AIM-West Coast Conference, Day 1 Fri, Nov. 21, 2014
November 23, 2014
By Brenda Norrell
SAN FRANCISCO -- Clyde Bellecourt, Bill Means, Lori Riddle and William Underbaggage began the AIM West Conference today, speaking on racism and genocide in sports, the tarsands, and mining poisoning Indian communities.
William Underbaggage, Lakota, spoke on the fight against the tarsands and the Keystone XL threatening the Ogallala Aquifer and the Lakota region's water supply. William created the Indigenous Nations Network, as an alternative to the current national Indian country news, which relies on plagiarism, deception and profiteering.
Lori Riddle, O'odham from Gila River in Arizona, told how she grew up on a Superfund site, and the sicknesses that her family suffered because of it. Today, Lori is fighting Loop 202 to protect the O'odham's sacred mountain and fighting against fracking.
Wesley Elliott, Tuscarora, Iroquois Confederacy, spoke on the need for real action to halt the ongoing genocide against Native people. Wesley urged more support for the Winnemem Wintu and acknowledged the Ohlone, the first people on this land where we are.
Raquel Arthur, Paiute
Raquel Arthur, Pyramid Lake Paiute in Nevada, spoke on how the current tribal president waived the water rights to Pyramid Lake. Raquel described how Sen. Harry Reid had come to sweatlodges with the former tribal chairman, before the legislation surfaced for the theft of Paiute water rights to Pyramid Lake. She said the current tribal chairman is working with the people, but further waived rights to Pyramid Lake.She also spoke on the need to halt the Bear hunt, explaining that the Bear is sacred to thee Paiutes.
Webster Arthur is speaking on how Natives extended their all to the whites who came to this land, and they were gunned down. "You've got to be aware of your surroundings, you've got to be aware of these people. You're still going to help them out because you're Indian."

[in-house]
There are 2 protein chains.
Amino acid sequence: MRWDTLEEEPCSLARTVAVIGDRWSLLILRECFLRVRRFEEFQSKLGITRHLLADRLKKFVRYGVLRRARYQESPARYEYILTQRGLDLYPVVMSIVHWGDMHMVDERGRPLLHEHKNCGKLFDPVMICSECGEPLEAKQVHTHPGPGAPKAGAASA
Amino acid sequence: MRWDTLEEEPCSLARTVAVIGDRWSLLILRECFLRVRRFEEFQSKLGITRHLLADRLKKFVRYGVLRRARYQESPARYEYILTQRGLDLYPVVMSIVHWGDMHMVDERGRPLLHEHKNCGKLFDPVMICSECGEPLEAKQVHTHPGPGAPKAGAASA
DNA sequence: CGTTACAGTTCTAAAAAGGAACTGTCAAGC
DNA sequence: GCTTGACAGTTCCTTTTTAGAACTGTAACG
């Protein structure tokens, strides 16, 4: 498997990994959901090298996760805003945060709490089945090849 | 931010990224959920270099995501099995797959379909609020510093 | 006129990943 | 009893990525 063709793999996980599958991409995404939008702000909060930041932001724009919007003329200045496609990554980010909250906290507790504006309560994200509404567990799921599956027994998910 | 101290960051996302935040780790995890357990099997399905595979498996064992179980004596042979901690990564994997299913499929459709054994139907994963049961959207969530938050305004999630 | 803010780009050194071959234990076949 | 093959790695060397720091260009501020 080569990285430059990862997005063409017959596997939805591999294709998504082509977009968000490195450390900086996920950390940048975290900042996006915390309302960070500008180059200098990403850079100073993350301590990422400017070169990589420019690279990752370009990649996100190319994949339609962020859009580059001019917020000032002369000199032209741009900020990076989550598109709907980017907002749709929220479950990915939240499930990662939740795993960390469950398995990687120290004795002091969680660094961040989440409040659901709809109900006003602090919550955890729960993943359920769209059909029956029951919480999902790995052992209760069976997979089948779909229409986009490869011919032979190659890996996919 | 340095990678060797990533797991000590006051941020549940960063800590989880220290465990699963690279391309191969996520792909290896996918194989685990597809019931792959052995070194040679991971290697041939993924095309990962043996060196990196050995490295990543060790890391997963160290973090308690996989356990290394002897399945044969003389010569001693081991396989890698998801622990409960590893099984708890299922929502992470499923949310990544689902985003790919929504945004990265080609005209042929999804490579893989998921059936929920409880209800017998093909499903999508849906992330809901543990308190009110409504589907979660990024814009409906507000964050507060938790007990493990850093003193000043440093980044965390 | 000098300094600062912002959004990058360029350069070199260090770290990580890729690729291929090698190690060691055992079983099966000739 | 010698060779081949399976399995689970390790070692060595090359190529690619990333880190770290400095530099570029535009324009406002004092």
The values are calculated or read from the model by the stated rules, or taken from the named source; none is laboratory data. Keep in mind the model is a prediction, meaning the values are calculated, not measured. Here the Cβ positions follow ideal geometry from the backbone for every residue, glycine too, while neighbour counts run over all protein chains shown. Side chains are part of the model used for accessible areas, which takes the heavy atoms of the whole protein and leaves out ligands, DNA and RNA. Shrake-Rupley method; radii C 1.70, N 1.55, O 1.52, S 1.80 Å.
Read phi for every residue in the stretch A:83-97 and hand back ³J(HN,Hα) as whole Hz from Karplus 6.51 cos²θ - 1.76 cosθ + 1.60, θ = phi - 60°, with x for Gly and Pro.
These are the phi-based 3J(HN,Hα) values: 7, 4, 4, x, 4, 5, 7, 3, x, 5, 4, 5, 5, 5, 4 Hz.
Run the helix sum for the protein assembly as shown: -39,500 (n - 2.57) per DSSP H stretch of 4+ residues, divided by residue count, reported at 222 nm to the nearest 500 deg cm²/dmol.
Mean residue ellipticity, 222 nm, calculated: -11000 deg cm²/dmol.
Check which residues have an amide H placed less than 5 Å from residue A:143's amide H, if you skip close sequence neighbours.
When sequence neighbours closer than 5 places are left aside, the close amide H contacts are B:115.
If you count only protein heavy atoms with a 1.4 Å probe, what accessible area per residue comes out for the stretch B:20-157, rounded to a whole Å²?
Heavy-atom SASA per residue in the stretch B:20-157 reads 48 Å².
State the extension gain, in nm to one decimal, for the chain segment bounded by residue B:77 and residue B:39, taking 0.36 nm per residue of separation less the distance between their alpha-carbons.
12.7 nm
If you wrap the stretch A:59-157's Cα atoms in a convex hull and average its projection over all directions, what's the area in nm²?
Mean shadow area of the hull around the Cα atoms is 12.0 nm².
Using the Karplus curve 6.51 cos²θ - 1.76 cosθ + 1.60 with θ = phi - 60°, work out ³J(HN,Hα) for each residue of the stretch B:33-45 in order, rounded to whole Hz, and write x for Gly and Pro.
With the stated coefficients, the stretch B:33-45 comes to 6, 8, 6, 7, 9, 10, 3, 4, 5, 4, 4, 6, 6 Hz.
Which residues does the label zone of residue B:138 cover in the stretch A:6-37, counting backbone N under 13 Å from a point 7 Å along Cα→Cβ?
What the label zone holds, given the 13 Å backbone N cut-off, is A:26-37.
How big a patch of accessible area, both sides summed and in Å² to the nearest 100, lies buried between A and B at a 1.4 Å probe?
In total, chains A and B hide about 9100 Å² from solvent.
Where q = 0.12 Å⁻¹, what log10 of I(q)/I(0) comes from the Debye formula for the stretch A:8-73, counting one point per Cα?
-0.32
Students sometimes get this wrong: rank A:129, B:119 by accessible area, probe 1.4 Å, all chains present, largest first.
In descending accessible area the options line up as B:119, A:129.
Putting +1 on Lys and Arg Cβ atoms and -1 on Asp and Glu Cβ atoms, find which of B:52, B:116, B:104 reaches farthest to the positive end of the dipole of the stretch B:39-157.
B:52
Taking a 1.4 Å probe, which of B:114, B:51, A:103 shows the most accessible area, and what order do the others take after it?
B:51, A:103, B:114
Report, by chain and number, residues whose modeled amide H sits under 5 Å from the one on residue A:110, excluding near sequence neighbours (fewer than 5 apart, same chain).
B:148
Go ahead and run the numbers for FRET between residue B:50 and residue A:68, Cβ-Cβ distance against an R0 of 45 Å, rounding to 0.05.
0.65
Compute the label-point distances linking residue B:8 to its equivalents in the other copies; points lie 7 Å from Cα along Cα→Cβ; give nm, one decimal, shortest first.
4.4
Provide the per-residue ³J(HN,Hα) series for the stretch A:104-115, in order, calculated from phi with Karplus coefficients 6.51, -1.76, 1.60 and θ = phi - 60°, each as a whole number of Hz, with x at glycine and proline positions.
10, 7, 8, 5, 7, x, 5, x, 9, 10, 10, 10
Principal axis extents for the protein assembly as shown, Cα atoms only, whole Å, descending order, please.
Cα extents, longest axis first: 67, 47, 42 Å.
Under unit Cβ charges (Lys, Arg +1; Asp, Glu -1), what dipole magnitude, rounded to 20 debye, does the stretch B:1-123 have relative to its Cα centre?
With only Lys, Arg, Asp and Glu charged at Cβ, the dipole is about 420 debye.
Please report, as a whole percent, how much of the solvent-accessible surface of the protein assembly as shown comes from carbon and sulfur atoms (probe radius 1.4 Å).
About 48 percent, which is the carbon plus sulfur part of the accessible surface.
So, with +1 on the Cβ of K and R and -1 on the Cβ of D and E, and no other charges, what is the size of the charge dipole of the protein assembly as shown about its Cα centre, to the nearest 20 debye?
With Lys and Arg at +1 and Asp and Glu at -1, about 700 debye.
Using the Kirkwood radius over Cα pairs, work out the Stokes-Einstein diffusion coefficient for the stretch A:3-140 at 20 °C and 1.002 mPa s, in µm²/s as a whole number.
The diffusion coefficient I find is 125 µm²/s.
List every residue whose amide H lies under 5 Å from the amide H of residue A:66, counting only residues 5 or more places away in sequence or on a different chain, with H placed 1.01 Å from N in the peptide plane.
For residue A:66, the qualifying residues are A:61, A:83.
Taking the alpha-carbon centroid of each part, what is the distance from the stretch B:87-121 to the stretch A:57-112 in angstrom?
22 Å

Webster Arthur, Nez Perce living on Pyramid Lake Paiute, is speaking on how Natives extended their all to the whites came to this land, and they were gunned down. "You've got to be aware of your surroundings, you've got to be aware of these people. You're still going to help them out because you're Indian."
Jean Whitehorse, Dineh from Navajo Nation, now speaking live on boarding schools and child education. "I still speak Navajo, that is what the government tried to wash out of our mouths." In boarding school, the goal of the school was to make Natives like whites. She said they were given a number in boarding school, and were not addressed by their name. She couldn't even speak to her brother. "There were no holidays. Our parents couldn't even visit us."Then there was relocation to the cities. But the good part was she was in the right place at the right time, Bay Area in the time of Alcatraz occupation.
Jean described how she was a victim of the sterilization of Native American women. After being hospitalized for another reason, she said, "Two years later I found out that I was sterilized."
For today's video archives from AIM West, go to Earthcycles and scroll down to Video Library. We'll be live again on Saturday! Earthcycles and Censored Newshttp://www.earthcycles.net/
Kris Longoria speaking on mascot protests at AIM West
"The government makes sure that no one knows about it."
Today, Jean works with young children and schools, showing people how to detect racism and bias in children's literature. Henry Dominguez, cofounder of Black Berets, gave an inspirational talk on his days with the American Indian Movement and the struggles for justice. He said he was wearing the jacket that kept him warm on the Longest Walk. Henry said he was on the Longest Walk in 1978 and 2008. Kris Longoria spoke on the mascot coming up on Sunday at Santa Clara, Calif. She also spoke about her decades of fighting mascots and racism in images. Read about the mascot protest in Santa Clara coming up on Sunday: http://bsnorrell.blogspot.com/2014/11/aim-west-coast-conference-nov-21-22-2014.html
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